Staff provide children with a curriculum that builds on what they know and can do. Most staff use their good knowledge of child development and of the early years curriculum. This is to plan activities and experiences that capture children's interests and keeps them motivated to learn.

However, with a change in the staff team, a few individuals need extra help to develop their knowledge and teaching skills.Overall, staff support children's communication and language skills well. They listen to children with genuine interest and ask them questions to challenge their thinking.

However, on a few occasions, staff do not consistently give children time to pause and think, in order for them to craft a response to the question asked.Children have strong, positive relationships with their friends and key carers. They receive sensitive support if they get upset and are helped to recover swiftly, so they can get back to their play.

Currently, children are learning about coping with emotions through the introduction of story books that talk about feelings. Staff are teaching children breathing exercises and use sensory bottles as a way to help restore children's sense of calm. This means that children are learning how to contribute towards their own emotional well-being.

The support in place for children with special educational needs and /or disabilities has greatly improved. The manager works with the special educational needs coordinator, staff and families to ensure that children receive swift interventions. This includes working with outside professionals and to utilise strategies in individual support plans to help them catch up, so they can reach their highest potential.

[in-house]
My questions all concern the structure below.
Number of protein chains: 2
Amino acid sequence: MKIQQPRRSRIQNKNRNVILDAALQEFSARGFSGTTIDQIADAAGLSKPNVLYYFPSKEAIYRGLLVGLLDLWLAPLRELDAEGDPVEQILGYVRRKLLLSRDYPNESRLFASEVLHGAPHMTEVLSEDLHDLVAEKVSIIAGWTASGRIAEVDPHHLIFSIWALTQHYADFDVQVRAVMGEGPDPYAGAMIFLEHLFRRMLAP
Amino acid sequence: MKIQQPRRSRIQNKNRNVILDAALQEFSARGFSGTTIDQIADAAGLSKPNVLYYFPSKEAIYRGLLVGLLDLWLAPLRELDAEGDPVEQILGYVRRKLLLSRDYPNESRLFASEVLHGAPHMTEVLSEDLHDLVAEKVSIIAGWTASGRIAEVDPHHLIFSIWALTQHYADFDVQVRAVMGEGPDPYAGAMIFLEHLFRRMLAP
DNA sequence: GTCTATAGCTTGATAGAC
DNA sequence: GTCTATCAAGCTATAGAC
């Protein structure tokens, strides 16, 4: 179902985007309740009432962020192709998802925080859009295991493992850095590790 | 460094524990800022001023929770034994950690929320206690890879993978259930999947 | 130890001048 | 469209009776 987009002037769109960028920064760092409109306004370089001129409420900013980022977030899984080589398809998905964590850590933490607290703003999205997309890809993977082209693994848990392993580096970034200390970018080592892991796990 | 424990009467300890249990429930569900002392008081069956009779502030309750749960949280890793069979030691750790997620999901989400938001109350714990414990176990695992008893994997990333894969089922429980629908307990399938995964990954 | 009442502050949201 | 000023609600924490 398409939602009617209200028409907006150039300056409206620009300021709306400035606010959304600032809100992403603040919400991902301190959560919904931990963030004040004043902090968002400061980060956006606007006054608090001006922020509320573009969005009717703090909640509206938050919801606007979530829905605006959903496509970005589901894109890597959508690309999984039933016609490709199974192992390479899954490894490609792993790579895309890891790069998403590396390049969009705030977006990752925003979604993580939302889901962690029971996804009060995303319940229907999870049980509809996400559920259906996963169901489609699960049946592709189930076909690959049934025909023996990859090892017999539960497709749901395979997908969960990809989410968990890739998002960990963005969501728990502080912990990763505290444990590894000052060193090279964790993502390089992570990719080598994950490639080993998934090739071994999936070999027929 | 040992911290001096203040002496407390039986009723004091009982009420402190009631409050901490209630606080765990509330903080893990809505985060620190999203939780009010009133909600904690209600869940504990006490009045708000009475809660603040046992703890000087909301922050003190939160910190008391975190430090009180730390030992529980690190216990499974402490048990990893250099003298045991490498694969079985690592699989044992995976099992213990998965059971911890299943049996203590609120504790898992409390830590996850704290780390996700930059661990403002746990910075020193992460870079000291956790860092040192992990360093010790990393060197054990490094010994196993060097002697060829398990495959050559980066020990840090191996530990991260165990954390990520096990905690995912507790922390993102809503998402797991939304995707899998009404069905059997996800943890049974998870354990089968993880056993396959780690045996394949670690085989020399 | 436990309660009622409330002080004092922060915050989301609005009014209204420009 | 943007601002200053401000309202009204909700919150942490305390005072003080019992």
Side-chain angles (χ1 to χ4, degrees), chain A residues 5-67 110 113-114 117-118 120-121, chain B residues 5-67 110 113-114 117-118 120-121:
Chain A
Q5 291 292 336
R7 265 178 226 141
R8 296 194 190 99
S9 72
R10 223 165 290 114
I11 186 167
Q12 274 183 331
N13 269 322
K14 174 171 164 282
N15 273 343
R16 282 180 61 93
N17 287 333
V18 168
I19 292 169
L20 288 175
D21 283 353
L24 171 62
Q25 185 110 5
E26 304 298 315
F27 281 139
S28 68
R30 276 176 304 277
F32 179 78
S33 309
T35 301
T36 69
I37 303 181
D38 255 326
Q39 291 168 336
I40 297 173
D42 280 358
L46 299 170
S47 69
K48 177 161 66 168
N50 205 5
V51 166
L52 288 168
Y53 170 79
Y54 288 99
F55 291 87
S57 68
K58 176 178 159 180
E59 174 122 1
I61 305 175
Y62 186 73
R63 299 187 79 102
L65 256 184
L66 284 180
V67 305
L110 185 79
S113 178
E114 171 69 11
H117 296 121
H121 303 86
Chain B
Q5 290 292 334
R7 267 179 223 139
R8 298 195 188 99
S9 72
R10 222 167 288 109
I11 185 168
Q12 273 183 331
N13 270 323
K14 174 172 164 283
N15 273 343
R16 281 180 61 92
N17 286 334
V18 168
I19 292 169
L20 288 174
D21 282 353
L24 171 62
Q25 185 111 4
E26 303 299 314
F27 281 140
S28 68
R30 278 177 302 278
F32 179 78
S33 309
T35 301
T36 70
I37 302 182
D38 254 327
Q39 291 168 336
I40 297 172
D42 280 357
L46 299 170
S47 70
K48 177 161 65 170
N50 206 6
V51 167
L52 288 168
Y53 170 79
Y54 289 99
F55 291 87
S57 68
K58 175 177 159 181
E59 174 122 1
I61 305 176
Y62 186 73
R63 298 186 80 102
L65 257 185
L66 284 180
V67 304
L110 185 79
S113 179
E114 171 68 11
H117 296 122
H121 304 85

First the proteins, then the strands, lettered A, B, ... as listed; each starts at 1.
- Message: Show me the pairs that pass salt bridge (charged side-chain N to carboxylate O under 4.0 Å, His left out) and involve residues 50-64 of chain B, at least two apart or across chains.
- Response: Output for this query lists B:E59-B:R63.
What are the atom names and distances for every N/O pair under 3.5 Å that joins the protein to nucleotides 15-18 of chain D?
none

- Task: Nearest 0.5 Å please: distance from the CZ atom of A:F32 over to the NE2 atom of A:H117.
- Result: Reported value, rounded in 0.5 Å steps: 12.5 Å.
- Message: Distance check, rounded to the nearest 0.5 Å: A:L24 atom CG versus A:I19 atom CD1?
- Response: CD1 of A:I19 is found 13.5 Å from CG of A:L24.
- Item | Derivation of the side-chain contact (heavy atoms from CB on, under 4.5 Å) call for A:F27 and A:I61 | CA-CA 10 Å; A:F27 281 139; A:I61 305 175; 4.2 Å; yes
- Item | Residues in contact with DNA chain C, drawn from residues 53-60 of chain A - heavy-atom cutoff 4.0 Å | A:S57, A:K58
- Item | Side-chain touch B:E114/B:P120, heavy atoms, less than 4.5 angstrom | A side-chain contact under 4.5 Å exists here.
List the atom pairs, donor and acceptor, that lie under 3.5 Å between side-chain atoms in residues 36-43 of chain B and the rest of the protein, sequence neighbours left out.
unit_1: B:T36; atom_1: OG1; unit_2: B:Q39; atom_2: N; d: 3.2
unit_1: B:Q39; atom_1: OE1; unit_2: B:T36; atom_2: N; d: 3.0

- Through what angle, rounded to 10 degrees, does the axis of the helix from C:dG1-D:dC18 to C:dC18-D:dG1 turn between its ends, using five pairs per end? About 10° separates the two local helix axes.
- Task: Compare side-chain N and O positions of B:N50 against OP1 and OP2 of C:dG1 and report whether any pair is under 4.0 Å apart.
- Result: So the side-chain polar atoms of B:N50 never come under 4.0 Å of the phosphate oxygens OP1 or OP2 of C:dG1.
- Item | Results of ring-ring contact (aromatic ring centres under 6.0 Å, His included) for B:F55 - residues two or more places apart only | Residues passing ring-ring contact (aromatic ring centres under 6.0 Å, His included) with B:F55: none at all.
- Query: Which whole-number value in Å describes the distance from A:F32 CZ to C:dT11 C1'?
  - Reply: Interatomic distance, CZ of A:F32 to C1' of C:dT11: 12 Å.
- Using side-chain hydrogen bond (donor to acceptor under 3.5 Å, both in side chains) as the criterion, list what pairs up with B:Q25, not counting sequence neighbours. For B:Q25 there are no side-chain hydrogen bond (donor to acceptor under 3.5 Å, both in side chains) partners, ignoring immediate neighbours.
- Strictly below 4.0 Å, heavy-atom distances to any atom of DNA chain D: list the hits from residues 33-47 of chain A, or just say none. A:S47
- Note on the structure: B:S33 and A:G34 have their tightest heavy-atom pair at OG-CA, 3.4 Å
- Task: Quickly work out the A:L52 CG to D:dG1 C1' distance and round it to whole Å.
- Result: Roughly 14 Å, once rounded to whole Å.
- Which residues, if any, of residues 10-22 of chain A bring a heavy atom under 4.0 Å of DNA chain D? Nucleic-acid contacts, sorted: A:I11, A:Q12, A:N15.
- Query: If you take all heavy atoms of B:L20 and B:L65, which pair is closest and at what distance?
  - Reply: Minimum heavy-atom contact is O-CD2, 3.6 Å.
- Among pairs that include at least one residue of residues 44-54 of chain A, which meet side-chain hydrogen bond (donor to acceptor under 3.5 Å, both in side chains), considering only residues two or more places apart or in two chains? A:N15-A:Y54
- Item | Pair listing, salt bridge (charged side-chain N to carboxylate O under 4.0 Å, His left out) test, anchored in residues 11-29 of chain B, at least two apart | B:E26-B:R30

Care practices are good. Staff support children sensitively with intimate care routines. They ensure they remain clean and comfortable, swiftly wiping noses of the youngest children and supporting them with handwashing after using the toilet and before mealtimes.

This contributes towards their good health.


The arrangements for safeguarding are effective.Designated safeguarding leads have a good understanding of how to keep children safe and protected from harm.

The manager ensures staff attend safeguarding training and tests out their knowledge to provide assurance that they have a secure awareness of possible signs and indicators of abuse. All staff know the referral processes in line with local procedures. This includes reporting to the local authority designated officer if they have concerns about an adult working with children.

Staff have a good understanding about wider safeguarding issues, including county lines, domestic violence and non-mobile baby bruising protocols. Robust systems are in place for ensuring staff are suitable to work with children.

What does the setting need to do to improve?

To further improve the quality of the early years provision, the provider should: continue to build on staff's professional development to further improve the quality of teaching to the highest level develop staff's confidence in using purposeful questioning techniques to support thinking skills and to give children time to respond to any questions asked.